Strong Mommas Podcast Episode 103 Menstrual Cycle

May 18, 2021 by Megan Dahlman

Your Menstrual Cycle - How to line up your workouts and nutrition to feel your best all month

Megan Dahlman Strong Mommas Podcast

How your menstrual cycle effects…well, everything!

This is a topic I get asked about a lot. And I have a feeling that for every woman that asks me this, there are 10 more that are wondering about this, but just too embarrassed to ask. 

There are so many completely normal functions of our bodies as women that have been placed in a taboo category. I think we need to see that we all have bodies that operate generally the same with some variations here and there, and so if we’re struggling with something, chances are A LOT of us are. And I firmly believe that when we can be vulnerable about our bodies, talking about the oddities, the things we’re a little bit ashamed of, the things that seem not perfect, then we can finally feel the burden lift. 

It’s so validating and freeing to have someone tell you, “Yes, it’s completely normal to pee your pants sometimes when you sneeze or jump postpartum. There’s definitely something we can do about it, so you don’t have to keep living it, which is awesome, but it’s nothing to be ashamed of.” Or, “yes, it’s completely normal to gain 5 pounds in one week and feel ravenously hungry and have extremely low motivation, all during that week leading up to your period, and this is nothing to be ashamed of, and there are things you can do about.” 

As women, especially moms, we want to be impervious to weaknesses. We don’t want to admit when we don’t have it all together, especially with our bodies. We’d rather portray a machine-like body. And if it has embarrassing weaknesses about it, it’s best to keep those things hidden. 

But what we have to understand is that God designed our bodies to operate within certain biological rules. And there is nothing embarrassing or weak about our own biology as women. The more we can understand how our bodies physiologically function, the more prepared we can be, the less crazy we’ll feel, and the more in awe we become at God’s design.

The phases of the menstrual cycle

There are four main hormones in play in our bodies: Luteinizing hormone, follicle stimulating hormone, progesterone, and estrogen. To keep things from sounding too complicated, let’s focus mostly on just the progesterone and estrogen (or more specifically estradiol). 

  1. Menstrual phase
    1. Very little estrogen and progesterone are being secreted
    2. Necrosis of the uterine wall is a result of the decreasing progesterone concentrations near the end of the follicular phase 
  2. Follicular phase or proliferative phase
    1. Near the end of this phase, there’s a big increase of estrogen and continues elevate until it reaches its peak at ovulation, when an egg is released
    2. During this phase, progesterone levels are quite low…this is estrogen’s time to shine
    3. Ovulation signals the end of this phase
  3. Luteal phase or the secretory phase
    1. Following ovulation, estrogen levels begin to decline a bit and progesterone levels begin to increase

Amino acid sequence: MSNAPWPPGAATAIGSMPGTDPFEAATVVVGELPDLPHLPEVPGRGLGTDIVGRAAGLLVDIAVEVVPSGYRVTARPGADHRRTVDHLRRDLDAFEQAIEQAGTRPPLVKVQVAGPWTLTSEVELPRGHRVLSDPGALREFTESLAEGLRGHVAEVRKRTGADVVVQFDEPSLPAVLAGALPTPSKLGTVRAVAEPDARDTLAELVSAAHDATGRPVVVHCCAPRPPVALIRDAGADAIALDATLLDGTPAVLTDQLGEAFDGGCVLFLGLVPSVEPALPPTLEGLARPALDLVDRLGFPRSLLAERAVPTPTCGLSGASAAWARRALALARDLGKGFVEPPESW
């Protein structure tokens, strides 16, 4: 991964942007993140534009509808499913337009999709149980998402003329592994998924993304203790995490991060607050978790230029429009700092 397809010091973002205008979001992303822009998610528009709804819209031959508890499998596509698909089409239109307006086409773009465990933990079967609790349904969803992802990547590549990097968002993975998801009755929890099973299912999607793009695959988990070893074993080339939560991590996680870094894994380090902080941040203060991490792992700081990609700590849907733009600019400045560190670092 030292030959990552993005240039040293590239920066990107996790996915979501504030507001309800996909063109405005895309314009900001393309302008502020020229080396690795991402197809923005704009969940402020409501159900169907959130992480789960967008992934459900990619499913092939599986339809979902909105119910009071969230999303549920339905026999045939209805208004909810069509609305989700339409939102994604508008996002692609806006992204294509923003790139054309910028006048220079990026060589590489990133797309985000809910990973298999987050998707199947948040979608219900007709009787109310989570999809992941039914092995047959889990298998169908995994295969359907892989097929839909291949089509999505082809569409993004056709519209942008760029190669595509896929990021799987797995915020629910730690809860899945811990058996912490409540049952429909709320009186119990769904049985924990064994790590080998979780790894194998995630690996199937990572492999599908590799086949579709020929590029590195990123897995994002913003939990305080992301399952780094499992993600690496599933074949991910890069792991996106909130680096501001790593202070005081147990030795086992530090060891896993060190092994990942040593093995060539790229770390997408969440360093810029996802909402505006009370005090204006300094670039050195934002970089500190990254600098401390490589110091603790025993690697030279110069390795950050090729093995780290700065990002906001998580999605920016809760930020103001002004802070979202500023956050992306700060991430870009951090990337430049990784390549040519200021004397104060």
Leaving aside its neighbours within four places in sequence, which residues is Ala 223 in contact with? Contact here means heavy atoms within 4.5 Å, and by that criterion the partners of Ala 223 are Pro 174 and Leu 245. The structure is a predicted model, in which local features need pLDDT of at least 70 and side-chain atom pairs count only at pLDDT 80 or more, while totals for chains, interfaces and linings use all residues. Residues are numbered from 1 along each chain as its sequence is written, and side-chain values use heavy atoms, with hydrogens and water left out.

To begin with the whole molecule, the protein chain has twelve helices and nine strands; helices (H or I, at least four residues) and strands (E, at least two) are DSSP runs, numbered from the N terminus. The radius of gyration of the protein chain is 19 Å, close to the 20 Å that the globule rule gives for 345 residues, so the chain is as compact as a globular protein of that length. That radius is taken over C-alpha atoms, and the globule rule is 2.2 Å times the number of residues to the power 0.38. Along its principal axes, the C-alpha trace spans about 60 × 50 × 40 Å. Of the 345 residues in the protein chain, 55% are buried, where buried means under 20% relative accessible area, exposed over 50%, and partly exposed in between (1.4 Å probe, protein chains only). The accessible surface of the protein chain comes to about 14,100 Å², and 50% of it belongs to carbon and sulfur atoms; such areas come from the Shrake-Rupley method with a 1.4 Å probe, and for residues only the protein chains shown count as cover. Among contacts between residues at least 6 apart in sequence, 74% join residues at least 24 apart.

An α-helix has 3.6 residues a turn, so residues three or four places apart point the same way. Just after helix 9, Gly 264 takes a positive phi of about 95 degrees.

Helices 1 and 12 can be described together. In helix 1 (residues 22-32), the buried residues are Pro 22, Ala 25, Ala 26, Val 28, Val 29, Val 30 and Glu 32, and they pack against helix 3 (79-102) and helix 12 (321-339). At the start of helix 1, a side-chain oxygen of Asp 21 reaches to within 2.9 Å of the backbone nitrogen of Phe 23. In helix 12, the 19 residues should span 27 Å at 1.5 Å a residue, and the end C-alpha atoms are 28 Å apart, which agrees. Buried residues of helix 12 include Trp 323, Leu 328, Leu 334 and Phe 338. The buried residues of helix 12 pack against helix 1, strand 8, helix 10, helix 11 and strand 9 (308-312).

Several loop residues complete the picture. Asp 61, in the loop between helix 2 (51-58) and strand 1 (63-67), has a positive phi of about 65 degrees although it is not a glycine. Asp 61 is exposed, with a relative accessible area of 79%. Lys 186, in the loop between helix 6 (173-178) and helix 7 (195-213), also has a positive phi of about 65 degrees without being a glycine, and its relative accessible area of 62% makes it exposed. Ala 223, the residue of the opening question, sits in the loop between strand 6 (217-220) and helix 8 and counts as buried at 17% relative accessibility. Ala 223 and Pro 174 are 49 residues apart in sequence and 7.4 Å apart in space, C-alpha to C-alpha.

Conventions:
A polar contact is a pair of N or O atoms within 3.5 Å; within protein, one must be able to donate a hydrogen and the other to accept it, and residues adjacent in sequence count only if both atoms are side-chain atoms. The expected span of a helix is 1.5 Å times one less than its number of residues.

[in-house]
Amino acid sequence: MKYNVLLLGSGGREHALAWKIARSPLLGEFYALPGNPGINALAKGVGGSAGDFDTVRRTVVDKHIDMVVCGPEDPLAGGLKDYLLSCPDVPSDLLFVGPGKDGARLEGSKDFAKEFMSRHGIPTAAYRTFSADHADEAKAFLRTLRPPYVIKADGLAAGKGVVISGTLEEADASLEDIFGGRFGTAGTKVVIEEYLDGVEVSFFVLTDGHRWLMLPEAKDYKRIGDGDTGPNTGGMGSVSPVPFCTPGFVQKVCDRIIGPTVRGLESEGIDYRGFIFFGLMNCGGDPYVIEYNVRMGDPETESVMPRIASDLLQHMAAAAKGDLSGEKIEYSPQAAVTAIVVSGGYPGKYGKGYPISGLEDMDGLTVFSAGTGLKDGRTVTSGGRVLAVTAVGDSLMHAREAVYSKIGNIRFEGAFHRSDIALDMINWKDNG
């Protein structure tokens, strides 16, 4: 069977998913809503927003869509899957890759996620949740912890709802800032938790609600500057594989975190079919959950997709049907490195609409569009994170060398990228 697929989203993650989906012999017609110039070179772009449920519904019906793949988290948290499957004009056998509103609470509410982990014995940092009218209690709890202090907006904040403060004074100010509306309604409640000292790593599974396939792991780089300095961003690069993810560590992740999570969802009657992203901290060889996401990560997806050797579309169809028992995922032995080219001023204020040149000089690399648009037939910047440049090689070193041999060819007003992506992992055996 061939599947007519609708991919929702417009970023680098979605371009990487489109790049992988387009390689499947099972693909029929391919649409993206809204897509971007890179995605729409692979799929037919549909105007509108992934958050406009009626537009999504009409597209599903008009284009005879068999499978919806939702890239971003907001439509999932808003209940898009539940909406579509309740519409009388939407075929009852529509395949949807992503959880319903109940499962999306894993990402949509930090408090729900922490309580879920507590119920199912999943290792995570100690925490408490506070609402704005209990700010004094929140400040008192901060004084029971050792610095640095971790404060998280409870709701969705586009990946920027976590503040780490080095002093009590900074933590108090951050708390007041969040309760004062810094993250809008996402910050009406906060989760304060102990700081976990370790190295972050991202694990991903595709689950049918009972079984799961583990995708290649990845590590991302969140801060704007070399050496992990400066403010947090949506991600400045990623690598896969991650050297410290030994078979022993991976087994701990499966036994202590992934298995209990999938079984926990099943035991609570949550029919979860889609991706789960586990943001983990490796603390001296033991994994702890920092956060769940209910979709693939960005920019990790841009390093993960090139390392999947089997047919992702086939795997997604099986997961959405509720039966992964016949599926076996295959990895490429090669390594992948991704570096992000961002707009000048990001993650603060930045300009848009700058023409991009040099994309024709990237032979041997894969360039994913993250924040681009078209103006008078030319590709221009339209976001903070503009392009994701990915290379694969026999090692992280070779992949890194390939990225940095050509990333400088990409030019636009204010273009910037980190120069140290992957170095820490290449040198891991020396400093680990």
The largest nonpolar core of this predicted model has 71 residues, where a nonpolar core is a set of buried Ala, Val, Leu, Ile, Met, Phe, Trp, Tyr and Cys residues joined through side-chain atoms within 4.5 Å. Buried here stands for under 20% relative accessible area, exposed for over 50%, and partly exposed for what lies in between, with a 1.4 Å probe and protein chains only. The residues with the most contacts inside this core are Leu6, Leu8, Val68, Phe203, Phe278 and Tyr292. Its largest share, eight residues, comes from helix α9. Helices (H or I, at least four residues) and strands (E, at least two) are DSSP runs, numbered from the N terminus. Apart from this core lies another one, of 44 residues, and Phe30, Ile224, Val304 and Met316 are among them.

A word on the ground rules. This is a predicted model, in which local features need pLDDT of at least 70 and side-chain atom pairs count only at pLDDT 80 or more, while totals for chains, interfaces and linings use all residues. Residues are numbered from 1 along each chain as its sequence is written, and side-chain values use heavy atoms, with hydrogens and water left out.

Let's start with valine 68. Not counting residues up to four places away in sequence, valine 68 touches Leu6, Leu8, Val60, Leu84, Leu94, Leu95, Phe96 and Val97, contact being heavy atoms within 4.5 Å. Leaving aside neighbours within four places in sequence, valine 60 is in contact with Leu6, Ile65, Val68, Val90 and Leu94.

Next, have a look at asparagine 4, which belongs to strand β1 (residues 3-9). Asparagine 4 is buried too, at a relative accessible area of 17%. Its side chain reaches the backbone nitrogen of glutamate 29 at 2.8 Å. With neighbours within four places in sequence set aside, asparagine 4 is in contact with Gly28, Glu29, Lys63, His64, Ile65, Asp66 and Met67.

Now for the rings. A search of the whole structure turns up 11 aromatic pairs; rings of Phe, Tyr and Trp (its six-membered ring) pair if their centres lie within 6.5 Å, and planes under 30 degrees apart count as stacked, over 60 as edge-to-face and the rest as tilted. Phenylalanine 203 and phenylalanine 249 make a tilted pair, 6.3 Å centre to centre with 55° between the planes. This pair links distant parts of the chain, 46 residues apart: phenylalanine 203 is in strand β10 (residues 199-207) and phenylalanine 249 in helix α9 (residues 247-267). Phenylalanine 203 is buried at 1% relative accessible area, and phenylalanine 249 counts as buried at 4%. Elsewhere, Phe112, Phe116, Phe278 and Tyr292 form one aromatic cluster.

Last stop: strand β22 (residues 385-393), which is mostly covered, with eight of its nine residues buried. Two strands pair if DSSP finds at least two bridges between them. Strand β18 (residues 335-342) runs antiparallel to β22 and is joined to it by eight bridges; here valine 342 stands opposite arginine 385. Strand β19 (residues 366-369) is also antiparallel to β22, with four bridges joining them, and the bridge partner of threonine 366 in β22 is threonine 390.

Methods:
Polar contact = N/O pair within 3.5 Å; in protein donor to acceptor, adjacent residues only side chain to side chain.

2. Progesterone levels remain high throughout the luteal phase and then drop rapidly just before menses, unless pregnancy occurs


Usually, it’s the end of this luteal phase that’s the biggest culprit for us feeling our worst. This is generally the week leading up to our period. Many women experience severe mood swings, depression, increased hunger and appetite, cravings, bloating, and general discomfort. And it’s those high levels of progesterone, low levels of estradiol, and then a rapid dive bomb of both of them real quick that makes for this rollercoaster ride. 

So the first thing we really need to do is start keeping track. Not everyone has a regimented 28 day cycle. You can use and app 

Ok, so chalking it all up to our hormones is great, but how exactly? Finally, we’re starting to see that all of this isn’t just in our head. But why is it that when our hormones take a dive that our brain is suddenly craving all the chocolate or has zero desire to train? 

Let’s look at how our hormones affect our eating

Estrogen, estradiol in particular, is a very key player in the amount of food we end up eating. 

  • When more estradiol is present, we feel full and satisfied quite a bit sooner. 
  • When less estradiol is present, it can take a little while longer into a meal to feel full and satisfied. 
    • Some studies have shown that women with less estradiol in their system, during the late stage of the luteal phase, ate anywhere from 250-600 extra calories per day compared to the follicular phase when estradiol is much higher. 
  • I know for myself, I’ll have times of the month when I don’t even think about food and am not really in the mood for eating, whereas other times when I can’t seem to eat enough. I’ll eat a somewhat larger than normal meal, but still feel hungry! 
  • Low estradiol has been shown to not just impact the amount of food we’re eating, but also gives us some pretty intense cravings, too. 
    • These cravings can be different for everybody: protein, fat, carbs, sugar
  • Estradiol also interplays closely with some other hunger and fullness hormones…specifically ghrelin and CCK. 
    • Ghrelin (sounds like gremlin) is made in your stomach and will tell your brain that you’re hungry. This starts to shut off as you begin eating your meal. 
      • Estradiol decreases ghrelin